Serviço de Informações e Segurança do Estado (SISE) Internal and External Intelligence  1991- 
Servicion Segurança Nacional Popular (SNASP) Intelligence Gathering and Policing  1975-1991

 

Sources:

 

Central Intelligence Agency. “Mozambique” In The world factbook. (2019) Retrieved from: https://www.cia.gov/library/publications/the-world-factbook/geos/mz.html

 

Thom, William G. "African wars: A defense intelligence perspective."  African Historical Review, 44:1 (2011): 145-146


Rwanda

Background

 

Population: 12 Million 

 

Ruling Party: Rwandan Patriotic Front

 

Military Expenditure: 1.21% of GDP

 

Rwanda’s post-colonial history has been defined by tensions between its two major ethnic groups, the Hutus and Tutsis. In 1990, the Rwandan Patriotic Front (RPF), formed from Tutsi’s angered by the oppressive Hutu government, instigated a civil war which led, in 1994, to the state sponsored genocide of the civilian Tutsi population. The killing was brought to an end when the RPF defeated government forces and Hutu militia.

 

In the weeks after the genocide, Hutu intelligence networks, traditionally employed to enforce political oppression and silence dissent, dissolved or fled the country, fearing reprisals for their role in the killing. The new regime, formed by the RPF, quickly established a new intelligence structure, the National Intelligence and Security Service (NISS), primarily to monitor dissidents sympathetic to the old regime, and other Hutu’s who had fled to the Democratic Republic of Congo (DRC) in the weeks following the genocide.

 

Today, the NISS monitors external and internal security, with a special interest in immigration – a reflection of problems related to the ongoing conflict in the DRC - and the Hutu militias determined to reinstate Hutu majority rule still operating in the region. The NISS has foreign stations in Eastern Africa, Europe (Belgium) and the United States. A significant part of the NISS foreign activities are still focused on locating perpetrators of the 1994 genocide.

 

List of Intelligence Agencies  

Name Purpose of AgencyDates Active
National Intelligence and Security Services (NISS)

External and Internal Intelligence and immigration control 

1994-
     

 

Sources:

Central Intelligence Agency. “Rwanda” In The world factbook. (2019) Retrieved from: https://www.cia.gov/library/publications/the-world-factbook/geos/rw.html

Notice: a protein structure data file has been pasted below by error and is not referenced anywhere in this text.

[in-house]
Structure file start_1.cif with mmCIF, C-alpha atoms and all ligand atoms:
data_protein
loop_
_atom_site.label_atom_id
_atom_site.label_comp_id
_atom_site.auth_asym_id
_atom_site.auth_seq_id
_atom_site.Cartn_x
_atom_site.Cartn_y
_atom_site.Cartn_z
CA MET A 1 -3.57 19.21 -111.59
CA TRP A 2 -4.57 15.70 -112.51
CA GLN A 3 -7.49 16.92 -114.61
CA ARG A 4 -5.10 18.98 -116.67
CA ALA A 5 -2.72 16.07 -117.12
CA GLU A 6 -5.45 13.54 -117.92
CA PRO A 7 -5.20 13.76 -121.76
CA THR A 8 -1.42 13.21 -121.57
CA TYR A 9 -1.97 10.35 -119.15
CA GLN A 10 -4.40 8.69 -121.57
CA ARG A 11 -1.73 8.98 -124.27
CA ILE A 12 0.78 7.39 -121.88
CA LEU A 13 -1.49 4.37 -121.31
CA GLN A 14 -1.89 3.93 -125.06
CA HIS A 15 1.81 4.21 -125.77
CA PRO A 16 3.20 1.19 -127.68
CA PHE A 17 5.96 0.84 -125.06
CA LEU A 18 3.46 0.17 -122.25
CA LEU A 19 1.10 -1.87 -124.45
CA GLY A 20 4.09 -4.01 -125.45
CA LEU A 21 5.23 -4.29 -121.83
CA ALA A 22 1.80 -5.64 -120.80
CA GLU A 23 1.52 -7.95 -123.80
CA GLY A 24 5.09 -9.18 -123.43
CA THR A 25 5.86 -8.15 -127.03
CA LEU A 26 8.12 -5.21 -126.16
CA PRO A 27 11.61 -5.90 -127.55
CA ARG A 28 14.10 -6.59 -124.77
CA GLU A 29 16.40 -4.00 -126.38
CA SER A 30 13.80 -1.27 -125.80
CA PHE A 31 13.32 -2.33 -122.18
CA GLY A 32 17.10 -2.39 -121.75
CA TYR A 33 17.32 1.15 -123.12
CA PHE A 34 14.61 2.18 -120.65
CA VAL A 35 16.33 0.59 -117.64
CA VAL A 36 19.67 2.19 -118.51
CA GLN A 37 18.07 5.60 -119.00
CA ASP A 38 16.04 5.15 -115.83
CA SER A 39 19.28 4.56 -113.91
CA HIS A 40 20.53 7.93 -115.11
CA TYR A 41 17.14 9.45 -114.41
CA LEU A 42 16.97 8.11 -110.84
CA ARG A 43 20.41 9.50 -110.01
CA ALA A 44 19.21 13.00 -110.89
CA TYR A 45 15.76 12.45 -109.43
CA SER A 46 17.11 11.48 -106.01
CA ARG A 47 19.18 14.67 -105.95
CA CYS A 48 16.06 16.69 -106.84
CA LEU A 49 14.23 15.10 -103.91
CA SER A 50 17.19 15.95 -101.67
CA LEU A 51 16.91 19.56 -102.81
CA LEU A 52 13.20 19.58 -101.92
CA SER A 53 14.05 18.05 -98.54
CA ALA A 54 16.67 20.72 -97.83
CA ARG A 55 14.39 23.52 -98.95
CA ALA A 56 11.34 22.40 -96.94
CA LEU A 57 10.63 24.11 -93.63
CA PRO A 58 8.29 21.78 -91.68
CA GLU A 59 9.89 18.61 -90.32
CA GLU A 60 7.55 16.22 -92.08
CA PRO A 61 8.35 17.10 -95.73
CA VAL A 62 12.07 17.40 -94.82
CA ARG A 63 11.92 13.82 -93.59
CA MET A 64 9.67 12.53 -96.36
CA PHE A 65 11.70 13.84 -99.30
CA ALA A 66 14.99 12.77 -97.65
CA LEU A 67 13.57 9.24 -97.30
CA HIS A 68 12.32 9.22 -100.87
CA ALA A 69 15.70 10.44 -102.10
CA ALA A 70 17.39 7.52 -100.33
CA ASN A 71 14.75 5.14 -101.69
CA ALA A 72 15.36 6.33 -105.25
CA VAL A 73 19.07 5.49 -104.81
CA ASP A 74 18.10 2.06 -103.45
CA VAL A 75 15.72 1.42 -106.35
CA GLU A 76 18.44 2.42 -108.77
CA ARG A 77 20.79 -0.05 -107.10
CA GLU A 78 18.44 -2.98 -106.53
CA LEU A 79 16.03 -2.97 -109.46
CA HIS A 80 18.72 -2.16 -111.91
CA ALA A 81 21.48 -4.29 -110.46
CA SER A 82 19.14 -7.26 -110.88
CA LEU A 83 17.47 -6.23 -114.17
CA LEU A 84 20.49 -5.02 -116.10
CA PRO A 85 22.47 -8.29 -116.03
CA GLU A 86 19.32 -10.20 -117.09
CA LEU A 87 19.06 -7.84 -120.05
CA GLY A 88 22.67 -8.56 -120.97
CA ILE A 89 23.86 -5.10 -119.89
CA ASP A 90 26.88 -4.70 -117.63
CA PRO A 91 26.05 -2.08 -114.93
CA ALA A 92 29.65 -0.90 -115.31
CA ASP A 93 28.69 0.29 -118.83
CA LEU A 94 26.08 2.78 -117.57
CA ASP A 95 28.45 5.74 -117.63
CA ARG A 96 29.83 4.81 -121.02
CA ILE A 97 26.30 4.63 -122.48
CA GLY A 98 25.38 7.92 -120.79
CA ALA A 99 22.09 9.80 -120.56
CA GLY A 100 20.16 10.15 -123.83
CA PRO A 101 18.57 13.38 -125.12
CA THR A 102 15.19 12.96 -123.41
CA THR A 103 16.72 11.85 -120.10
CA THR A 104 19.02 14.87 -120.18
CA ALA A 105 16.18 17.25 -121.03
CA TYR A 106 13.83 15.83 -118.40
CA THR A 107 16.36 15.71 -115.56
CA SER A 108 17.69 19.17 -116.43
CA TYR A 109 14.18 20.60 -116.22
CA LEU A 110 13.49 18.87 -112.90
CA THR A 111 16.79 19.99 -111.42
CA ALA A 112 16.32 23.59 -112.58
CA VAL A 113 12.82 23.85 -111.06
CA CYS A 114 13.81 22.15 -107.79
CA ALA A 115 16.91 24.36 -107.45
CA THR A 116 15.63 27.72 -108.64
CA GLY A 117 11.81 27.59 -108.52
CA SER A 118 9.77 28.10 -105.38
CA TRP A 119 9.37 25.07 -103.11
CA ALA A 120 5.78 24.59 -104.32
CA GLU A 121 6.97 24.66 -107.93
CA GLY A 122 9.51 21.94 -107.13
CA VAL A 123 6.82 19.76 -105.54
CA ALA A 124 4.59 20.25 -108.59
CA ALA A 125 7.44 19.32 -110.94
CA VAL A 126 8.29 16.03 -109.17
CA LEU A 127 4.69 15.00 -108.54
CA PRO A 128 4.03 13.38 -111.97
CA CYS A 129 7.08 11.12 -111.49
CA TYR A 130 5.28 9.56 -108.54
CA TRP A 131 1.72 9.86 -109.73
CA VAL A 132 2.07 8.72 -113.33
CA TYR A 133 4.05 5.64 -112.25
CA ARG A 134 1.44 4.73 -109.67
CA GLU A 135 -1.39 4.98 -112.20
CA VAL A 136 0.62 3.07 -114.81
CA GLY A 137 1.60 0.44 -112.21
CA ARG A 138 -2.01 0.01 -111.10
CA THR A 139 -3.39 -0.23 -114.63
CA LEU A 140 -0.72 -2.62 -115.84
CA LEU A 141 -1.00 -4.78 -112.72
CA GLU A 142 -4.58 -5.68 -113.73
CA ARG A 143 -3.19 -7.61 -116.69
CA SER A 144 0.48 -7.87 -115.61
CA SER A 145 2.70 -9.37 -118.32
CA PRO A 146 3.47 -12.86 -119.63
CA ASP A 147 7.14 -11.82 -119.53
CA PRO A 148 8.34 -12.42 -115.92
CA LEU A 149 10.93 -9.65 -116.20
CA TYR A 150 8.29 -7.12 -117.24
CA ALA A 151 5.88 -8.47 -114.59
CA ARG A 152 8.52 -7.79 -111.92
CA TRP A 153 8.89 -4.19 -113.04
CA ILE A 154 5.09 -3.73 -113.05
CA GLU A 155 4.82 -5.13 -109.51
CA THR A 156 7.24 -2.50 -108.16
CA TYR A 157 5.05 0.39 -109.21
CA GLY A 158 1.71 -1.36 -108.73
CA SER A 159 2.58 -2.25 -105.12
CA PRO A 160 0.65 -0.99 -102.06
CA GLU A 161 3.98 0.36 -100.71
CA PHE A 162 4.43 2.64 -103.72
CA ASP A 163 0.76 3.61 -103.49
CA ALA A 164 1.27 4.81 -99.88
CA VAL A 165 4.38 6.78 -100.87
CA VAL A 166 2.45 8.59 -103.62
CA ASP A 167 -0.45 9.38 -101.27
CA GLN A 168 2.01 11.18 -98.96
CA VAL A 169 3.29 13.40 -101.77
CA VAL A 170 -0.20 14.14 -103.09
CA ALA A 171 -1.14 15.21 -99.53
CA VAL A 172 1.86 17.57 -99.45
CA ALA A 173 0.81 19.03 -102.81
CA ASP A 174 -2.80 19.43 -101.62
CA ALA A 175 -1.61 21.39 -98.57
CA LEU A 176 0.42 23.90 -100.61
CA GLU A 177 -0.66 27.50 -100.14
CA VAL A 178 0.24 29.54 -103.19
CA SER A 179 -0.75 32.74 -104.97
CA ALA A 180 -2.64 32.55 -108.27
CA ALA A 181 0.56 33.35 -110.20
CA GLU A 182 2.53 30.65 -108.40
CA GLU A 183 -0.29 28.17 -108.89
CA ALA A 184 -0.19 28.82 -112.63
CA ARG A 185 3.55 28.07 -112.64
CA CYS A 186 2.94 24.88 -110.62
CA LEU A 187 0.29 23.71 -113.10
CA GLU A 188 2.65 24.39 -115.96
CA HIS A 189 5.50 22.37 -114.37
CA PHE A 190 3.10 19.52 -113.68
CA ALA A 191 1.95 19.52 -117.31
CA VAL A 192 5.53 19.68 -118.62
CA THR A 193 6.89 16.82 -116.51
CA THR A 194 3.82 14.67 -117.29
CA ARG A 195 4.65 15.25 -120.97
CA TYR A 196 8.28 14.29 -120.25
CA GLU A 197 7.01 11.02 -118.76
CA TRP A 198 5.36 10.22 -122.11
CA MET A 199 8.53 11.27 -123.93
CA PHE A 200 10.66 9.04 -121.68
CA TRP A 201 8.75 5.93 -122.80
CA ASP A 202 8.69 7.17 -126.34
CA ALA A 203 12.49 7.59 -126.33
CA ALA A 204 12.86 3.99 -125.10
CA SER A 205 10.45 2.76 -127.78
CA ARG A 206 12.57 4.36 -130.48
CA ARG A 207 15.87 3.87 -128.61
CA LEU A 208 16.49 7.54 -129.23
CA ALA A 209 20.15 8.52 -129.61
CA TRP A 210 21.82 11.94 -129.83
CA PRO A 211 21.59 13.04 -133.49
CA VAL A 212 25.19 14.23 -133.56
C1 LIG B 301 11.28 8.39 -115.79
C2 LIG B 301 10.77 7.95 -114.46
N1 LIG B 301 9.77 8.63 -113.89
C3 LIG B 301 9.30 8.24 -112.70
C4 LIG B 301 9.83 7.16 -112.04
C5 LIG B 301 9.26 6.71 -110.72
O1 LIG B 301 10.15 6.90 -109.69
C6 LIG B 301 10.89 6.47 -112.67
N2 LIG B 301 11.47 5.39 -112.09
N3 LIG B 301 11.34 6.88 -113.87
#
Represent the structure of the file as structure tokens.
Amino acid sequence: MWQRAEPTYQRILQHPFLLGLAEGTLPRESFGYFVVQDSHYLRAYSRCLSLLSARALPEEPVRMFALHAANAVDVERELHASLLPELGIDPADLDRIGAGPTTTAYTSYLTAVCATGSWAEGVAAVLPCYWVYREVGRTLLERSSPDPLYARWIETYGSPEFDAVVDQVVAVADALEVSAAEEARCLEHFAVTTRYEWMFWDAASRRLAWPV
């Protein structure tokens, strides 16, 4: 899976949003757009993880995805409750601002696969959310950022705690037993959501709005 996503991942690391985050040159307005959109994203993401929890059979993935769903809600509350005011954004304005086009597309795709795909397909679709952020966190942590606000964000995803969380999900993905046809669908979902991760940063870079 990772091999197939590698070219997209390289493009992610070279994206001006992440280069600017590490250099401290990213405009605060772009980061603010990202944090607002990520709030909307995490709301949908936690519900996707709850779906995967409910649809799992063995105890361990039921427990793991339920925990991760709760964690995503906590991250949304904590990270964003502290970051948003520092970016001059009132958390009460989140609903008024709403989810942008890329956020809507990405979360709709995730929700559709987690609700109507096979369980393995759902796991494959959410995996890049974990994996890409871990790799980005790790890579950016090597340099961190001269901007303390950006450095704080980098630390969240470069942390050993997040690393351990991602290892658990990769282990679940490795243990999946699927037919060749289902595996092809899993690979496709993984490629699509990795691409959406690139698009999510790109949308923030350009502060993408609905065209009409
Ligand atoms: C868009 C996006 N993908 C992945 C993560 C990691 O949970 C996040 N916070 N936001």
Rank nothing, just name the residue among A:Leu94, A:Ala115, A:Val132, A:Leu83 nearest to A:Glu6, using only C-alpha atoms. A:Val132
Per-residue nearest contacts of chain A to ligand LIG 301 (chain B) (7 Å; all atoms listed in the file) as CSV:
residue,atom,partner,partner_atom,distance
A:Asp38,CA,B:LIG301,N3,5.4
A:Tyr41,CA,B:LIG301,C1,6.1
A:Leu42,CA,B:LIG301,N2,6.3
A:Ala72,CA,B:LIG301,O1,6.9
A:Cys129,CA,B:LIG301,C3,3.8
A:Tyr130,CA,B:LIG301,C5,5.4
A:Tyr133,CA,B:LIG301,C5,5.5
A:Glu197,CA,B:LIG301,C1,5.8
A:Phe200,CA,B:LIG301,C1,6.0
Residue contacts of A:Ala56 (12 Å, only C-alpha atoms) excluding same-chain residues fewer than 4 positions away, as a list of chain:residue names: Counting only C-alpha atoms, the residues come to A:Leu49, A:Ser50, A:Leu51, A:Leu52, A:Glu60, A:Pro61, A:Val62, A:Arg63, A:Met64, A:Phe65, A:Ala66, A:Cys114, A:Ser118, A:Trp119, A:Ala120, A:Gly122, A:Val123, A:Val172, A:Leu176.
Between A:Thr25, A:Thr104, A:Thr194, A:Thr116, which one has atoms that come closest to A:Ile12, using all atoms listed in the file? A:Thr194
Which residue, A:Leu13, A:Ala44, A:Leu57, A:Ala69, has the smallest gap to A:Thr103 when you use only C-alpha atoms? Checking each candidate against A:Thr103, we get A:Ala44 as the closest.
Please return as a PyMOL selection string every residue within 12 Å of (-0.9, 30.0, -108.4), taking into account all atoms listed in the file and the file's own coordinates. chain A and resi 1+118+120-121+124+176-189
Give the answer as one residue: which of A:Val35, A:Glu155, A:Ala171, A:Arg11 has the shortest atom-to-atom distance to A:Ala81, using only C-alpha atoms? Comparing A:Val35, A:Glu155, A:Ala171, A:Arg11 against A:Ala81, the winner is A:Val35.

Africa, Sandy, and Johnny Kwadjo. "Changing intelligence dynamics in Africa." Univ of Birmingham, (2009).


Ruteere, Mutuma. "Governing Security from Below: Community-Led Security Mechanisms in Urban East Africa." The African Review 44, no. 1 (2017): 1-26.


Thom, William G. "African wars: A defense intelligence perspective." African Historical Review, 44:1 (2011): 145-146

 

 


Somalia

Background

 

Population: 11 Million

 

Ruling party: Democratic Party of Somalia

 

Military Expenditure: ?

 

Somalia’s modern intelligence community was formed by former president, Siad Barre, following the coup which saw Somalia become a one party, Marxist Lenninst, state. Barre modeled the National Security Service (NSS) on the KGB with help from Russian actors. The NSS was tasked with monitoring domestic threats to the regime, such as dissidents and political opposition, as well as external operations, often concerning Ethiopia and other hostile actors in the region.

 

The NSS has been accused of playing a significant role in the Barre’s “clan-based punishment” program and subsequently the Isaaq genocide of 1987-89 in which up to 200,000 people were killed. The NSS was dissolved in 1989 shortly before Barre fled Mogadishu during the Somali civil war.

 

In 2013 the Somali government officially reinstituted the NSS as the National Intelligence and Security Agency (NISA). The NISA monitors both internal and external intelligence, with an increasing focus on counter terrorism and piracy.

 

List of Intelligence Agencies 

NamePurpose of AgencyDates Active
National Intelligence and Security Agency (NISA) Intelligence and Counter Intelligence 2013- 
Puntland Intelligence Agency (PIA) Domestic Intelligence and Counter Terrorism 2001- 
National Security Service (NSS) Intelligence and Counter Intelligence 1970-1990

 

 

 

Sources:

 

Central Intelligence Agency. “Somalia” In The world factbook. (2019) Retrieved from: https://www.cia.gov/library/publications/the-world-factbook/geos/so.html

Fisher, Jonathan. "Mapping ‘Regional Security’in the Greater Horn of Africa: Between National Interests and Regional Cooperation." The author provides details on impacts in the Horn of Africa on (2014): 11-12.

 


Sudan

Background

 

Population: 43 Million


Ruling party: National Congress


Military Expenditure: 2.83% of GDP (2016)

 

Sudan’s modern intelligence apparatus was born out of Colonel Omar al-Bashir’s political and institutional reforms, introduced after a successful military coup in 1989. Unofficial intelligence networks, operating on behalf of Bashir’s regime, were ratified in 1999 when the National Intelligence and Security Service (NISS) was recognized as part of National Security Act. The legislation, proposed by the National Congress Party and Al-Bashir, granted almost unlimited powers of arrest, detention and surveillance to the NISS in their efforts to suppress political opposition and insurgency groups.

 

The NISS is known to have extensive intelligence networks operating in north Africa in the Middle East, perhaps most notably in Iraq where the NISS operated an extremely active agent recruitment program in the years following the second gulf war